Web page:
think society is fundamentally flawed and that any change in the
political colours of the leaders is purely cosmetic?

DB - Well, the machinery for this whole abomination was written in stone in
1947, with the signing of the National Security Act. Having had their
taste for economic dictatorship whetted by World War II, the newly
triumphant world leadership found ways of making sure that it would
never be able to be genuinely challenged by a viable alternative. The
significant players remain as they have since then, not men, or
ideologues, but the dollar, deutschmark, yen, and pound (or euro, as we
now have it). The American political system as we know it now is little
more than a vast, multifaceted shell-game designed for the specific
purpose of entertaining and distracting the electorate as their pockets
are picked and their children packed off to wars and wage slavery. It’s
unfortunate, but there you have it.

HS - Whatever did the FBI have to say about your father?

DB - [He] offended his superiors at G-2 by suggesting that perhaps the
“Soviet Threat” was grossly overestimated and was overheard saying that
he wondered if greed may have something to do with it.

HS - Can music ever make a difference?

DB - Well, when it does, it’s usually in the form of propaganda, easily my
least favourite art form. But let me amend that... it can make an
individual difference, in that it can help a frightened and lonely child
to understand that these complex and alien feelings that they experience
are not theirs alone, that there are others who feel and have felt as
they do. And it can make you want to dance.

HS - We’ve kind of focused on your political writing but a lot of our
favourite DB songs are the breathtakingly intimate pieces like Hello
Mary, A Boat on the Sea and Born For Love. Does the act of writing songs
about personal relationships help you resolve them?

DB - Nothing seems to help me resolve my personal relationships except for
exhausting conversation after exhausting conversation. But writing about
them, or allowing myself to write unconsciously about them can help me
to clarify my own feelings... I can read something I wrote and it can
help me to realise that I need to (a) marry the girl, or (b) run like
hell.

HS - Tell us about your relationship with LA; what do you find so compulsive
about it? Boomtown, Sirens in the City and A Secret Silken World are
colourfully ambivalent! Do you think city life is the apogee of
civilisation or closer to its nadir?

DB - Well, firstly, it’s my home; where my friends are, my studio, my family,
etc. That doesn’t change the fact that it is a genuine nightmare of a
city. It’s ugly, violent, mean-spirited, dominated by nouveau riche, and
maintained by a notoriously brutal and corrupt police force. Its impact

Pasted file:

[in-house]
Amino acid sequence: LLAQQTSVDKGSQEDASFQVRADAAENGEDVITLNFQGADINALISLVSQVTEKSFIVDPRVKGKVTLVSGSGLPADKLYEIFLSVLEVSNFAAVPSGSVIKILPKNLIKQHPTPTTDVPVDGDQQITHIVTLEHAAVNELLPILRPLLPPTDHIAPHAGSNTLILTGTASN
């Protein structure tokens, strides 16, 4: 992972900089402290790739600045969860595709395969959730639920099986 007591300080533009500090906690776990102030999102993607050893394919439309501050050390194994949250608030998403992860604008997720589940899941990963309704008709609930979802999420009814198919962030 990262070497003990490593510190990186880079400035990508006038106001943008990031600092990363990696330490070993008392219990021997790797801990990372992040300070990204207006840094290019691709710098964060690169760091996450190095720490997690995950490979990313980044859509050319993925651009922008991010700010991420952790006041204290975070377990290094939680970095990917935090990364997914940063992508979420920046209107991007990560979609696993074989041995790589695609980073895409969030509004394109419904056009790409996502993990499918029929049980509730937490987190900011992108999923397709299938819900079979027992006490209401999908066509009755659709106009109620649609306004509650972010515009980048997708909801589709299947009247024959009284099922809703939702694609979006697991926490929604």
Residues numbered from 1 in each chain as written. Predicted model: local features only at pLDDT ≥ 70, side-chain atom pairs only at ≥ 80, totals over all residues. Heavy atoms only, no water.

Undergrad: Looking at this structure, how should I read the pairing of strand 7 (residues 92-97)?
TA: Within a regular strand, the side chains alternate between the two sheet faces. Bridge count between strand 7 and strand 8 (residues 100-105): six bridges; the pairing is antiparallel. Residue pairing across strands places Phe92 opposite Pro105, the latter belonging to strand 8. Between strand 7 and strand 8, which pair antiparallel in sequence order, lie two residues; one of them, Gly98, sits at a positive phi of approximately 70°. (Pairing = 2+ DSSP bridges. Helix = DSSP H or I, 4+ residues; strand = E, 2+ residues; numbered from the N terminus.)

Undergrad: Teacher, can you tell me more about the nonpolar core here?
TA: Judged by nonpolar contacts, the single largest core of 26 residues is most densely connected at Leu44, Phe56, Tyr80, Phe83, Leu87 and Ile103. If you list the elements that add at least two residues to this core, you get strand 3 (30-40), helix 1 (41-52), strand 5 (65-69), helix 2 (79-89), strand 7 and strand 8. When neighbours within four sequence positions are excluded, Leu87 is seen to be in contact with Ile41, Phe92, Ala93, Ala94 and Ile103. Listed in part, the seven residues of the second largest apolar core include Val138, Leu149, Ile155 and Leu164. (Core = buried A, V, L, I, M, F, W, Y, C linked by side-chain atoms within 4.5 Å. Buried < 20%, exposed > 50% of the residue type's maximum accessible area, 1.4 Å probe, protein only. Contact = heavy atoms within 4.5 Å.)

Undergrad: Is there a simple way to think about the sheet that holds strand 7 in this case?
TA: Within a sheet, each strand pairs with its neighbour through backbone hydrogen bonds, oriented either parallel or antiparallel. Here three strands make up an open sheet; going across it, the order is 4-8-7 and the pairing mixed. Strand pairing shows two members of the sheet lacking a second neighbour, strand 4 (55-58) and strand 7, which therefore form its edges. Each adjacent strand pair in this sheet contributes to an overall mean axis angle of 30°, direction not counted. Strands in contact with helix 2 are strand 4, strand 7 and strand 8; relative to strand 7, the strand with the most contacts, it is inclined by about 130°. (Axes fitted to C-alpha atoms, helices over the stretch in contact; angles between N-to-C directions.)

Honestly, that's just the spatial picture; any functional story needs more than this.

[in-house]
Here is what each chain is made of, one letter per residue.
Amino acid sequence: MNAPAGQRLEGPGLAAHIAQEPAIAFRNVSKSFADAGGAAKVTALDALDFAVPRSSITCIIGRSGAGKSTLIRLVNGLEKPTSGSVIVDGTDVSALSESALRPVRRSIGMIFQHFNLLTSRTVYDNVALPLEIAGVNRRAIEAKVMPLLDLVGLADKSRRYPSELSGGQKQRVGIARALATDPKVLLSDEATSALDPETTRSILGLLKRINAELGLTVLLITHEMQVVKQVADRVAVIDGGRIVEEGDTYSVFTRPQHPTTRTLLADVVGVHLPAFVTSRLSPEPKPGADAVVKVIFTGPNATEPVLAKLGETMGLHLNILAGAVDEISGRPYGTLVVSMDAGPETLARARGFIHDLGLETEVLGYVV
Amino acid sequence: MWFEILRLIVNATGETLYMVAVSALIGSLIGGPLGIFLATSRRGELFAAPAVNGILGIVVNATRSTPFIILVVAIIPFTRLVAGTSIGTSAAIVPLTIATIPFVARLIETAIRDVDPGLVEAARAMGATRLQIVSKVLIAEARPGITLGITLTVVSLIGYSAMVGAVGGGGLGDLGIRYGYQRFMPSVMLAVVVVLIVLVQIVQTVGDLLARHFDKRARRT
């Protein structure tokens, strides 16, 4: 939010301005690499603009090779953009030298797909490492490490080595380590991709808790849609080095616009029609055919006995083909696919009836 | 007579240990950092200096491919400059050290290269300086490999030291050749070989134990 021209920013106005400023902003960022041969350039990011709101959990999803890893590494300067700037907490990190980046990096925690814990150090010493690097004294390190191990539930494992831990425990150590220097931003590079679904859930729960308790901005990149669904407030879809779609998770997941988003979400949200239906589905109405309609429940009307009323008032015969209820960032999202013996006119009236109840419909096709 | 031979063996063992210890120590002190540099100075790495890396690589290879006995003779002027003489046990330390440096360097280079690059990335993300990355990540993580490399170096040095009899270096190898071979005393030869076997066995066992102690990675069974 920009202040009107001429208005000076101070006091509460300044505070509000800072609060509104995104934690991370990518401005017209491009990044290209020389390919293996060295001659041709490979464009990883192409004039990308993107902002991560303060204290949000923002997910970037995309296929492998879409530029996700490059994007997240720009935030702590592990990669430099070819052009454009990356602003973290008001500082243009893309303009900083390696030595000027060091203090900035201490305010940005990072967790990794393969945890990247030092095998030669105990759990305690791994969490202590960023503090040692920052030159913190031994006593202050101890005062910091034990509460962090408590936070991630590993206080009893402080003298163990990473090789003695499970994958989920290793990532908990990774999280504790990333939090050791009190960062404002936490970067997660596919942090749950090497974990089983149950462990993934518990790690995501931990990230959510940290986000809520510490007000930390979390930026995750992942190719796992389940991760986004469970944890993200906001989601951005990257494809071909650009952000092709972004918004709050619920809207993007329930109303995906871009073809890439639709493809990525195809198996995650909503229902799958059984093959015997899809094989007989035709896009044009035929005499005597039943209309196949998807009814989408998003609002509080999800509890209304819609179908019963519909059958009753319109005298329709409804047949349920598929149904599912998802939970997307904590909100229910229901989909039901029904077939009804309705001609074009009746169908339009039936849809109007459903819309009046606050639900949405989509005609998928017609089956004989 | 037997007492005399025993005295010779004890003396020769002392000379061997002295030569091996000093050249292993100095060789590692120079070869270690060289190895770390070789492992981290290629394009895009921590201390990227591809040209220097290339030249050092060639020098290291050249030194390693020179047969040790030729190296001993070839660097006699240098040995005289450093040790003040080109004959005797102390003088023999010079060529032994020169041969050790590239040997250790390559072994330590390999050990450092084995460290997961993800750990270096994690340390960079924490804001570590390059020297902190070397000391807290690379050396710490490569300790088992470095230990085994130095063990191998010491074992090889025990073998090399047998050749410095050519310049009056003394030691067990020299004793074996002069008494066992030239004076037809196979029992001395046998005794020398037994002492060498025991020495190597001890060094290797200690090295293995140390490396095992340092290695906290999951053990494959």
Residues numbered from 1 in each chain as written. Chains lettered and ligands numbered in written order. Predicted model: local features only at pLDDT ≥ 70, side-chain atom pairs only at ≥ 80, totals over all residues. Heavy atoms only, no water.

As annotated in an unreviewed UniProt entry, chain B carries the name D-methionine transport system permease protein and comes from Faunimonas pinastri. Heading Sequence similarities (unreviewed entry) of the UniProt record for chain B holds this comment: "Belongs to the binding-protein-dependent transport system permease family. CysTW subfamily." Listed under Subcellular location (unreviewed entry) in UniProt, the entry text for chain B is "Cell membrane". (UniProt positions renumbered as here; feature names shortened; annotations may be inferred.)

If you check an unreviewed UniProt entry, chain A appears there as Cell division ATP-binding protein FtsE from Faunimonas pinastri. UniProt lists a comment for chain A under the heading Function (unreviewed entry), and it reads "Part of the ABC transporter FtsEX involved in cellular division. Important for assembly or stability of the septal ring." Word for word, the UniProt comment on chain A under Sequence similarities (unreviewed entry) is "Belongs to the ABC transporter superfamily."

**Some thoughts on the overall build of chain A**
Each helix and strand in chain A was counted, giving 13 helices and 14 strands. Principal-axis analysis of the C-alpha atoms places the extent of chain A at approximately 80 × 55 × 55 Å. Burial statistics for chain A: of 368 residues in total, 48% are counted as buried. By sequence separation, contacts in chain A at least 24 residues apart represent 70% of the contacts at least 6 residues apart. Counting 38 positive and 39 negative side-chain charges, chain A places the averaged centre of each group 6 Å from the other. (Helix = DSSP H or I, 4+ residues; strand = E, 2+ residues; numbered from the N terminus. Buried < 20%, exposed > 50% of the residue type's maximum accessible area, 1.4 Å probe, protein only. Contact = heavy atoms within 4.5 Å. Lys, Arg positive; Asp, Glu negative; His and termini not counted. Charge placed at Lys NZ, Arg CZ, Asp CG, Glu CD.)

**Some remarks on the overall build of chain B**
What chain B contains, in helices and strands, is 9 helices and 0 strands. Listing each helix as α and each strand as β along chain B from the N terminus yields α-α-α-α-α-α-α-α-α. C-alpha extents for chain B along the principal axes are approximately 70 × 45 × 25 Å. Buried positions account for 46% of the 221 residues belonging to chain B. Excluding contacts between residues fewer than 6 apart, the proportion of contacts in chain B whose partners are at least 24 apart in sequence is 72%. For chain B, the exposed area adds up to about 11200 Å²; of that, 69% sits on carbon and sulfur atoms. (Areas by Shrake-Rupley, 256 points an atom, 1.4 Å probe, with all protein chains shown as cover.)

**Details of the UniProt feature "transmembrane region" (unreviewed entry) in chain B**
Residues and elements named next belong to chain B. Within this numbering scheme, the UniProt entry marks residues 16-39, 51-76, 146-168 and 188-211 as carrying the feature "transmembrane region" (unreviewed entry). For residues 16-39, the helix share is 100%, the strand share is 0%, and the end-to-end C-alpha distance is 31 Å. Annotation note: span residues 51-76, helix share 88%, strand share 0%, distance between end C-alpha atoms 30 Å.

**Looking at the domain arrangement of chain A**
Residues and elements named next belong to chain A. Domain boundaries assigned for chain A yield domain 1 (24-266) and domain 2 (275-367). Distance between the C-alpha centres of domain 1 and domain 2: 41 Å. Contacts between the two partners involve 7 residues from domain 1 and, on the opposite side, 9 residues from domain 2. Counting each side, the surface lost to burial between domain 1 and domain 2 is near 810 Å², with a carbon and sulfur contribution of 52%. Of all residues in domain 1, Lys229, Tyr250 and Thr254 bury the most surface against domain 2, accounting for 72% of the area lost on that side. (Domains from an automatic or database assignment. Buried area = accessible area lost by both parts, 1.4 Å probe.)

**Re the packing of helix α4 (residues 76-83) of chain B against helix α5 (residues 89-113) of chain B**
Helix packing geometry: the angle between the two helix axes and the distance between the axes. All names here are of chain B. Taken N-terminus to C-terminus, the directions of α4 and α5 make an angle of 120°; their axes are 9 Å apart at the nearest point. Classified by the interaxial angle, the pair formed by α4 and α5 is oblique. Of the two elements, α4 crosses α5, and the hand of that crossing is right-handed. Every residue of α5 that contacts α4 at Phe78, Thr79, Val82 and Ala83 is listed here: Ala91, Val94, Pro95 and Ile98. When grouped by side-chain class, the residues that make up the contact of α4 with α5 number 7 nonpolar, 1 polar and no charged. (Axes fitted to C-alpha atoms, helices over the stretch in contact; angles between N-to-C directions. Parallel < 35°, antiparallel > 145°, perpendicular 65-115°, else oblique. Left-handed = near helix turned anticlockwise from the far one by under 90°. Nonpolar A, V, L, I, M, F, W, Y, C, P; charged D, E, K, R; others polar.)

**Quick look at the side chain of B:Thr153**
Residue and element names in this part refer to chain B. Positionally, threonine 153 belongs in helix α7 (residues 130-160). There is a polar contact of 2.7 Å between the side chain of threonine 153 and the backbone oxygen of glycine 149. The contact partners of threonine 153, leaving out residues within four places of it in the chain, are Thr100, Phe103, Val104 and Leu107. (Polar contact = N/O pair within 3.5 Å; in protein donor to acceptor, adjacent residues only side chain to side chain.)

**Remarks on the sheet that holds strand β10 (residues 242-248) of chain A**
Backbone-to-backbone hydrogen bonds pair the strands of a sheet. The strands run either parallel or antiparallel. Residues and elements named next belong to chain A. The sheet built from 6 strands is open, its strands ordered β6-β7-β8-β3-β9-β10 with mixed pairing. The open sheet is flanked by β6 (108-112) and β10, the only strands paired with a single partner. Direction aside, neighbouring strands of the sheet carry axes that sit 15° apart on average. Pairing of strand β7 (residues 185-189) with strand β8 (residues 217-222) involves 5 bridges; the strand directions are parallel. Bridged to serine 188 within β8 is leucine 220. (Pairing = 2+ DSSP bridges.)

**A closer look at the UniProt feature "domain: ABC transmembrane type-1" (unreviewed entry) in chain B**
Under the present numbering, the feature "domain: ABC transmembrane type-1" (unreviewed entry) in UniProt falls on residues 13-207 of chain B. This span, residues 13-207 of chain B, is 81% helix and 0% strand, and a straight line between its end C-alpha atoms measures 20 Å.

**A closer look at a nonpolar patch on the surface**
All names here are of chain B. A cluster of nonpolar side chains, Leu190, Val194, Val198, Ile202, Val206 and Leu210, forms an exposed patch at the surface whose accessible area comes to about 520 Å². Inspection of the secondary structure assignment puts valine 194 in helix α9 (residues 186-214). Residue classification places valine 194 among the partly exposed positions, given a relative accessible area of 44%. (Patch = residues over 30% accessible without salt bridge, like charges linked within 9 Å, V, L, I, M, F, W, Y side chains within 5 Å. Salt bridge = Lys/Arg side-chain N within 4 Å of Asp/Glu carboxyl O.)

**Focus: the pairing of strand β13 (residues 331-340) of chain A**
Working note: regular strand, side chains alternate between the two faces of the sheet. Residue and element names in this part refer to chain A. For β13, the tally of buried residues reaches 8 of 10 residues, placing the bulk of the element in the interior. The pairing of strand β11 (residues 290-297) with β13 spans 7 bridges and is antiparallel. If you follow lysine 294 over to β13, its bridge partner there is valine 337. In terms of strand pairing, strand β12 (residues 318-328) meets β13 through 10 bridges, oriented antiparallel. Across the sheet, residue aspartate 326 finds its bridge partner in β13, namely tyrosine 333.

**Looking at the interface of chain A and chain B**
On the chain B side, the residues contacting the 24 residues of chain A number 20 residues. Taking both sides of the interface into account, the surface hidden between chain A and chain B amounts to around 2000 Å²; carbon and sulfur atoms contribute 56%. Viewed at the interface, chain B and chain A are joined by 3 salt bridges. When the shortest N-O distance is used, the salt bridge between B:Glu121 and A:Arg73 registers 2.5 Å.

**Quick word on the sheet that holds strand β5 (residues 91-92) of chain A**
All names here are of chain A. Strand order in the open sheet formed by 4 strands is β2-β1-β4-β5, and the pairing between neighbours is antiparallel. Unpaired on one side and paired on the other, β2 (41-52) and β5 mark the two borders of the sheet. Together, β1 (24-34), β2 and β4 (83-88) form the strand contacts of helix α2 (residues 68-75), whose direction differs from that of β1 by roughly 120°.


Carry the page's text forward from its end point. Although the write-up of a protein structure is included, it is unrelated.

on the world is literally immeasurable. Its language has become a global
language, through the television, through the movies... It’s a boomtown,
as it always has been, and attracts the kinds of people that are
attracted to easy money and all that goes with it. Its princes are
whores and its kings are their pimps. But of course everyone knows that.
As far as civilisation goes, I think its apogee was probably Jefferson’s
gentlemen farmers: spiritual, educated folk with a direct connection to
the land. But cities provide a home for the wayward, and a fractious
environment for them to populate, and out of friction comes heat, and
out of heat, art, along with anything else people can see their way to
create. Ambivalent enough for you?

HS - Grace of my Heart is both one of our favourite films of recent years and
one of the most rewarding soundtracks we’ve heard. What can you tell us
about the project? How did you attempt to get into the mindset of 60s
songwriters (or the teenage lesbians of My Secret Love for that matter)
when writing the songs?

DB - Oh that’s another of the little tricks of my trade. I spent about a year
or two just immersing myself in one thing or another; The Bible, Baroque
music, Hank Williams, whatever, and as an exercise, tried to ‘channel’
whatever little tributary I was swimming in. I just learned to embrace
the mindset of whatever I was trying to impersonate, or channel, and
simply write that way.

HS - If you’d been the right age in the 60s could you see yourself as a Brill
Building songwriter?

DB - I think I would have gone insane in the Brill Building, but I bet I’d
have been really good at it.

HS - Tell us about working with Larry Klein — he seems to have been a
creative foil for your work for a long time. What qualities do you bring
out in one another?

DB - He sort of contains me — my bile, viciousness, sarcasm, whatever — and I
provide him with a little more edge, and of course, lyrics.

HS - Can we expect a new solo album from you before long or is film work
taking your work in different directions?

DB - Well, I’ve started a band, The New Folk Underground, with Will Sexton
and some other friends and conspirators, and we’re starting to play
around LA a little bit. It’s taken front and centre space in my
attention, as it’s easily the best music I’ve ever been involved with.
I’ll do the odd film thing as it comes up, but my primary focus is this
band and its myriad possibilities. It’s not really ‘folk music’, as I’m
sure you can believe, but more our interpretation of what “folk” should
be: humanist, melodic, groovy fun music with content and spirit. I love
it. We’re playing tonight, in fact.

HS - Do you have any favourite quotations which have impacted upon your life?

DB - If you make an enemy of the world, so it shall of you.

HS - What makes you happy?

DB - My little boy, Beker. (14 months old).